How does your degree transfer to the food and fresh produce industry? The MDS Pathways series will interview Trainees from a range of academic disciplines to prove that ambitious #futurefoodheroes can come from all subjects.
“Science reflects the people who make it.”
February 11th marks the sixth year of International Day of Women and Girls in Science.
Science and technology are crucial in getting produce from field to fork and makes vital contributions to the sector. Despite STEM-related areas being so important, data published by UNESCO (United Nations Educational, Scientific and Cultural Organisation) highlights that only around 30% of all female students select STEM-related fields in higher education. Trainees on the MDS scheme can work in a range of STEM roles, and we are proud to say that gender representation is equal (Trainees who identify as Female represent 47% of the total current cohort).
To celebrate International Day of Women and Girls in Science, we interviewed MDS Trainees from the next-generation of #FemaleFoodHeroes on what they feel are some of the most significant scientific advancements coming out of the industry. Our first interview was with group 45 Trainee Celia Robles Angel,
Why did you choose a science degree?
I learn by doing, and from day one on my degree, I had the opportunity to work in the lab. I decided to do my MSc because I am fascinated by genes and biotechnology. I then developed a real passion for fresh produce when I was living and studying in Scotland, and I firmly believe that we can address some of the biggest issues facing food and fresh produce through biotech.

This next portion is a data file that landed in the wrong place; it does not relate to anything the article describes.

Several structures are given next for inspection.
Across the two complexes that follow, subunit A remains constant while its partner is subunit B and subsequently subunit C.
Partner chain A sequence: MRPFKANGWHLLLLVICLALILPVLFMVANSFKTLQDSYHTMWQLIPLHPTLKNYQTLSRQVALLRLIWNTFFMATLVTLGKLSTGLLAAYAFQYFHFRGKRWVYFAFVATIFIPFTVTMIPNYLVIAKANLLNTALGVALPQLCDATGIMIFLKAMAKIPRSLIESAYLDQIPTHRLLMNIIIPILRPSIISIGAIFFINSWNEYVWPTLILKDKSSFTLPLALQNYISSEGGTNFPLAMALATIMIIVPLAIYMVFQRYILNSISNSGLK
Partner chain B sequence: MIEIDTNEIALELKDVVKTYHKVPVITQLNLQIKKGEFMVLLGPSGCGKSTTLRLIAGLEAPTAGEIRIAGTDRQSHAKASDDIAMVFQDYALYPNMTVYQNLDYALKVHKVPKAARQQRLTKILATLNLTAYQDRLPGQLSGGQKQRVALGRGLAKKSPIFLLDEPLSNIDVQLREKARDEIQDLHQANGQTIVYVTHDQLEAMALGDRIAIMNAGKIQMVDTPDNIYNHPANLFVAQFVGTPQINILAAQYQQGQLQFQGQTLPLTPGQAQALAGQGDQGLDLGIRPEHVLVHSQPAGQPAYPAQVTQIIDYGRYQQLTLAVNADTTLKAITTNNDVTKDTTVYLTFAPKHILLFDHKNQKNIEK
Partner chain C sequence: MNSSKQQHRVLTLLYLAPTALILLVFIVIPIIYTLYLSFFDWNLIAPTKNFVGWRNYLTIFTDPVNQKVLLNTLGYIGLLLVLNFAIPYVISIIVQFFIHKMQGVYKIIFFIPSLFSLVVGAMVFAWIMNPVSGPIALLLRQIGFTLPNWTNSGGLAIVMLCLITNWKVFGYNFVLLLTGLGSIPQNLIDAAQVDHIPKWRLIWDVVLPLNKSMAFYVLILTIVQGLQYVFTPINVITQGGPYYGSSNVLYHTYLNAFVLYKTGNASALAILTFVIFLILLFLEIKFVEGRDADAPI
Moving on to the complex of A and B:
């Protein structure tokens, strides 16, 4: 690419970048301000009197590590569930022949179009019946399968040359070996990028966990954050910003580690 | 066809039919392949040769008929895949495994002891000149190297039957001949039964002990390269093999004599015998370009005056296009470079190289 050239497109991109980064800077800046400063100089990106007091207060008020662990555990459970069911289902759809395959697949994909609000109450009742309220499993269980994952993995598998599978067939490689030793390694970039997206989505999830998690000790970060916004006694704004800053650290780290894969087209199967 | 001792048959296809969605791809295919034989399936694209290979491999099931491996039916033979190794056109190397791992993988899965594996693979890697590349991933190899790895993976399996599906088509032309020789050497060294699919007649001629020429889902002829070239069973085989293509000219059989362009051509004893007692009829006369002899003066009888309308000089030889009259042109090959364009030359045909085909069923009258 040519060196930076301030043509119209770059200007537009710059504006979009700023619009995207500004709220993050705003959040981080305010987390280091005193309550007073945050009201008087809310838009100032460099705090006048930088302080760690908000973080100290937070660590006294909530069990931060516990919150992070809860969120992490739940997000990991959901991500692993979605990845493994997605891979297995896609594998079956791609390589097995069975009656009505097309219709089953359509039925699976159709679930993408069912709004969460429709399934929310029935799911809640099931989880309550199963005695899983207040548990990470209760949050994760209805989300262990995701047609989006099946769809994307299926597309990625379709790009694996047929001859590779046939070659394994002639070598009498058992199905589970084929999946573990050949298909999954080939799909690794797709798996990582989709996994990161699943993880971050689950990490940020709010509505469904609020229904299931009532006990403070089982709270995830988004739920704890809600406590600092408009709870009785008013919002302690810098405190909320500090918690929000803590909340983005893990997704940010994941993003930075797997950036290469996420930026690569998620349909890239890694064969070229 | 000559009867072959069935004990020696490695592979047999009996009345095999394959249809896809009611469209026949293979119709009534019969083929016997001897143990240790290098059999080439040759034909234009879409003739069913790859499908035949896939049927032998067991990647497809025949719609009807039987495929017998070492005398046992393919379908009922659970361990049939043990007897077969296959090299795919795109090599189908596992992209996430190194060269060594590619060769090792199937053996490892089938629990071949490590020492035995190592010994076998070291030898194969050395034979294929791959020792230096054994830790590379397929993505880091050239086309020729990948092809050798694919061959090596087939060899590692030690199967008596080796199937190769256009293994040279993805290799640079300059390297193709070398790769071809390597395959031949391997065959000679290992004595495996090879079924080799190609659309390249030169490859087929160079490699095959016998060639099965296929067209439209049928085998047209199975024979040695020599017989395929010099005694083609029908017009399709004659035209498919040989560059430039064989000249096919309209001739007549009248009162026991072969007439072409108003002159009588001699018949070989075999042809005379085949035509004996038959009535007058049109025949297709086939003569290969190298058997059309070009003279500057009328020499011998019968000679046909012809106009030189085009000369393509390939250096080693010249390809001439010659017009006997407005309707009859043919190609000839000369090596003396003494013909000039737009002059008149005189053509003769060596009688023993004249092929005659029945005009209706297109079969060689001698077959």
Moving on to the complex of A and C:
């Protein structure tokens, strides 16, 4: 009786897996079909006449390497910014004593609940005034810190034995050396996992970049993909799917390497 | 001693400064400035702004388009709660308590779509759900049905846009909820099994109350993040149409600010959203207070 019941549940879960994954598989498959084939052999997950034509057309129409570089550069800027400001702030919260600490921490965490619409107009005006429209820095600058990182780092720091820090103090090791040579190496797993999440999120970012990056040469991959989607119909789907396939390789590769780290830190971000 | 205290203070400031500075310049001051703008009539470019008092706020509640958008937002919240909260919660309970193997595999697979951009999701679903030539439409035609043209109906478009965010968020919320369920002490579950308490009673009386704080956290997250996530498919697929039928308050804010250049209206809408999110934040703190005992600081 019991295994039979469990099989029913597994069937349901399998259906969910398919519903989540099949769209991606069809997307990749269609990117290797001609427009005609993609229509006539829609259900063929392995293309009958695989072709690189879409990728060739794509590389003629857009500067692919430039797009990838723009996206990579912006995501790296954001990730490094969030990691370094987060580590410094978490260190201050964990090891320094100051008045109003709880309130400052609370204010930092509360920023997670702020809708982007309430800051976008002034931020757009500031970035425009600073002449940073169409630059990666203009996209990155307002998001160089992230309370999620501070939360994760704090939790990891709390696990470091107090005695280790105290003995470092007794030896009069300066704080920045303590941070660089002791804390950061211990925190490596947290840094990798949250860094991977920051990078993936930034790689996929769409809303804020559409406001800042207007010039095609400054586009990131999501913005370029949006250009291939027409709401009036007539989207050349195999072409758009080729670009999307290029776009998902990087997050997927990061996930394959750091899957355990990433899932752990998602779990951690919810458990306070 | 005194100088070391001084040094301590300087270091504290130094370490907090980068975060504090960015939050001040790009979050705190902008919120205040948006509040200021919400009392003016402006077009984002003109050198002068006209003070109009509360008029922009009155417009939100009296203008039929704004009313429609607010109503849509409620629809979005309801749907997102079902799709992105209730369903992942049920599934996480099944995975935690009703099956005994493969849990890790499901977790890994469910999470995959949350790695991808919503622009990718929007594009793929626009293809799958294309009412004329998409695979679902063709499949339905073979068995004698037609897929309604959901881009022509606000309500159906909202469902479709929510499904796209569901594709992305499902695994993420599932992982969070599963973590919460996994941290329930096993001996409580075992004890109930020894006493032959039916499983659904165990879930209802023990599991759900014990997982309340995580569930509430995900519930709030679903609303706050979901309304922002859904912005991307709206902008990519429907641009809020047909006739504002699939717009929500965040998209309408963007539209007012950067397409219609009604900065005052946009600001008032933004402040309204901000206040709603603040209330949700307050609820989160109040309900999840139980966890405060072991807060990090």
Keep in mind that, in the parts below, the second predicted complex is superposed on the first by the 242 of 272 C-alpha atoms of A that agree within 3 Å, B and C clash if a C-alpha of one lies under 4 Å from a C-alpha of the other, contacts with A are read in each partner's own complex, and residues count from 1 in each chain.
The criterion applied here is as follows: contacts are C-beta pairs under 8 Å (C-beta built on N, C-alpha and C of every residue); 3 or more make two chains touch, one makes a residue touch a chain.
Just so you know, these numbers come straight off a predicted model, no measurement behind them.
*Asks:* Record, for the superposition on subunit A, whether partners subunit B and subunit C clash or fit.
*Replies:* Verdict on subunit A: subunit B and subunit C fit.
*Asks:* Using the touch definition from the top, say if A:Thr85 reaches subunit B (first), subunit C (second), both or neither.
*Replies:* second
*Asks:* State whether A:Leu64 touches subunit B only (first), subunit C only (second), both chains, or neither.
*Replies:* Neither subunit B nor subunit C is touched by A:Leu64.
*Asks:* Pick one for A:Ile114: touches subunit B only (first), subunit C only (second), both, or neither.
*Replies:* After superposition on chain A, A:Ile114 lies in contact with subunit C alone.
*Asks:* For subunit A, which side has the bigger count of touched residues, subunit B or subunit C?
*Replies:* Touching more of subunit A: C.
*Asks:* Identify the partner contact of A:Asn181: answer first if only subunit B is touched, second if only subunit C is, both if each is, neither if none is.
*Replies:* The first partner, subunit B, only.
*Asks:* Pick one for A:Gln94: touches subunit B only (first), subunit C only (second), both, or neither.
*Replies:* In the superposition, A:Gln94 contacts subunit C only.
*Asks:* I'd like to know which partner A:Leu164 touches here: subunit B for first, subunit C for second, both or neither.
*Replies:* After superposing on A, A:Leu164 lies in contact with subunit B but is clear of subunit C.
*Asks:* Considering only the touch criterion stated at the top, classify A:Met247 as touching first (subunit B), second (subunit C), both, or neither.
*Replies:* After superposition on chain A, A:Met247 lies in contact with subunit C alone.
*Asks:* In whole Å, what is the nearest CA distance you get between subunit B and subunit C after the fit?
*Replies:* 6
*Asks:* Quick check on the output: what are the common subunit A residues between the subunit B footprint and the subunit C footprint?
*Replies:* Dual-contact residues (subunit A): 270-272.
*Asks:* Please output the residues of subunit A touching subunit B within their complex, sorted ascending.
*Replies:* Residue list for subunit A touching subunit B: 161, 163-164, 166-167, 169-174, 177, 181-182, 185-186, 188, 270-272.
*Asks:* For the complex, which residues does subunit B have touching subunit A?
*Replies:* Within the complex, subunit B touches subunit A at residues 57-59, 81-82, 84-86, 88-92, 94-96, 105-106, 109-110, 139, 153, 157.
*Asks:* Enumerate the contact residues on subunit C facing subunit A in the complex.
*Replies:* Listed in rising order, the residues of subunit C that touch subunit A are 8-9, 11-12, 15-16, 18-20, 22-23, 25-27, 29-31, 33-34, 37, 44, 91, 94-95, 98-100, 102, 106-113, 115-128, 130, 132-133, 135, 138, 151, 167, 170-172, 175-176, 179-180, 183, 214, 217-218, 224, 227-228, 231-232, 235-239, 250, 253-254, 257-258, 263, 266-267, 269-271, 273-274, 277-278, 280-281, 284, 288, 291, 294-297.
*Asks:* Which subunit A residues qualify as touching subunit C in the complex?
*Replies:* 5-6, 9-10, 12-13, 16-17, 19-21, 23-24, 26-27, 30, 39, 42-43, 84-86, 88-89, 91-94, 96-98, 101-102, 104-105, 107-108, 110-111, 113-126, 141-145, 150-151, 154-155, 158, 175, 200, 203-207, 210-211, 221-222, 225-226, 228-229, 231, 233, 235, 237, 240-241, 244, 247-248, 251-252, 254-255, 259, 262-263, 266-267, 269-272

How has your science background helped you on MDS?
I believe that any degree changes the way you tackle a problem. When I work on a project, I think analytically about the real facts of the problem, much like I would have done when writing a lab report or working on an experiment in the lab. I have been lucky enough to work with not one but two agronomic/ Crop Protection (CP) companies. It is not essential to understand the scientific language, but it certainly helps!
What do you think are the industry’s most significant issues, and how can science and technology help with this?
I am fascinated by indoor vertical farming, precision agriculture and the use of cover crops.
I think it is incredible that technology can enable farms to grow in the middle of a city by making use of vertical space. It is on my bucket list to visit one! Precision agriculture is based on using data to make informed responses to changes in the environment and crop management to make the best use possible of CP products. Cover crops are used to regenerate soil qualities, slow erosion, improve soil health, or increase water availability. They also increase biodiversity! It’s all about gathering data and tailoring farm practices to the land so that our land will be richer for longer in the future.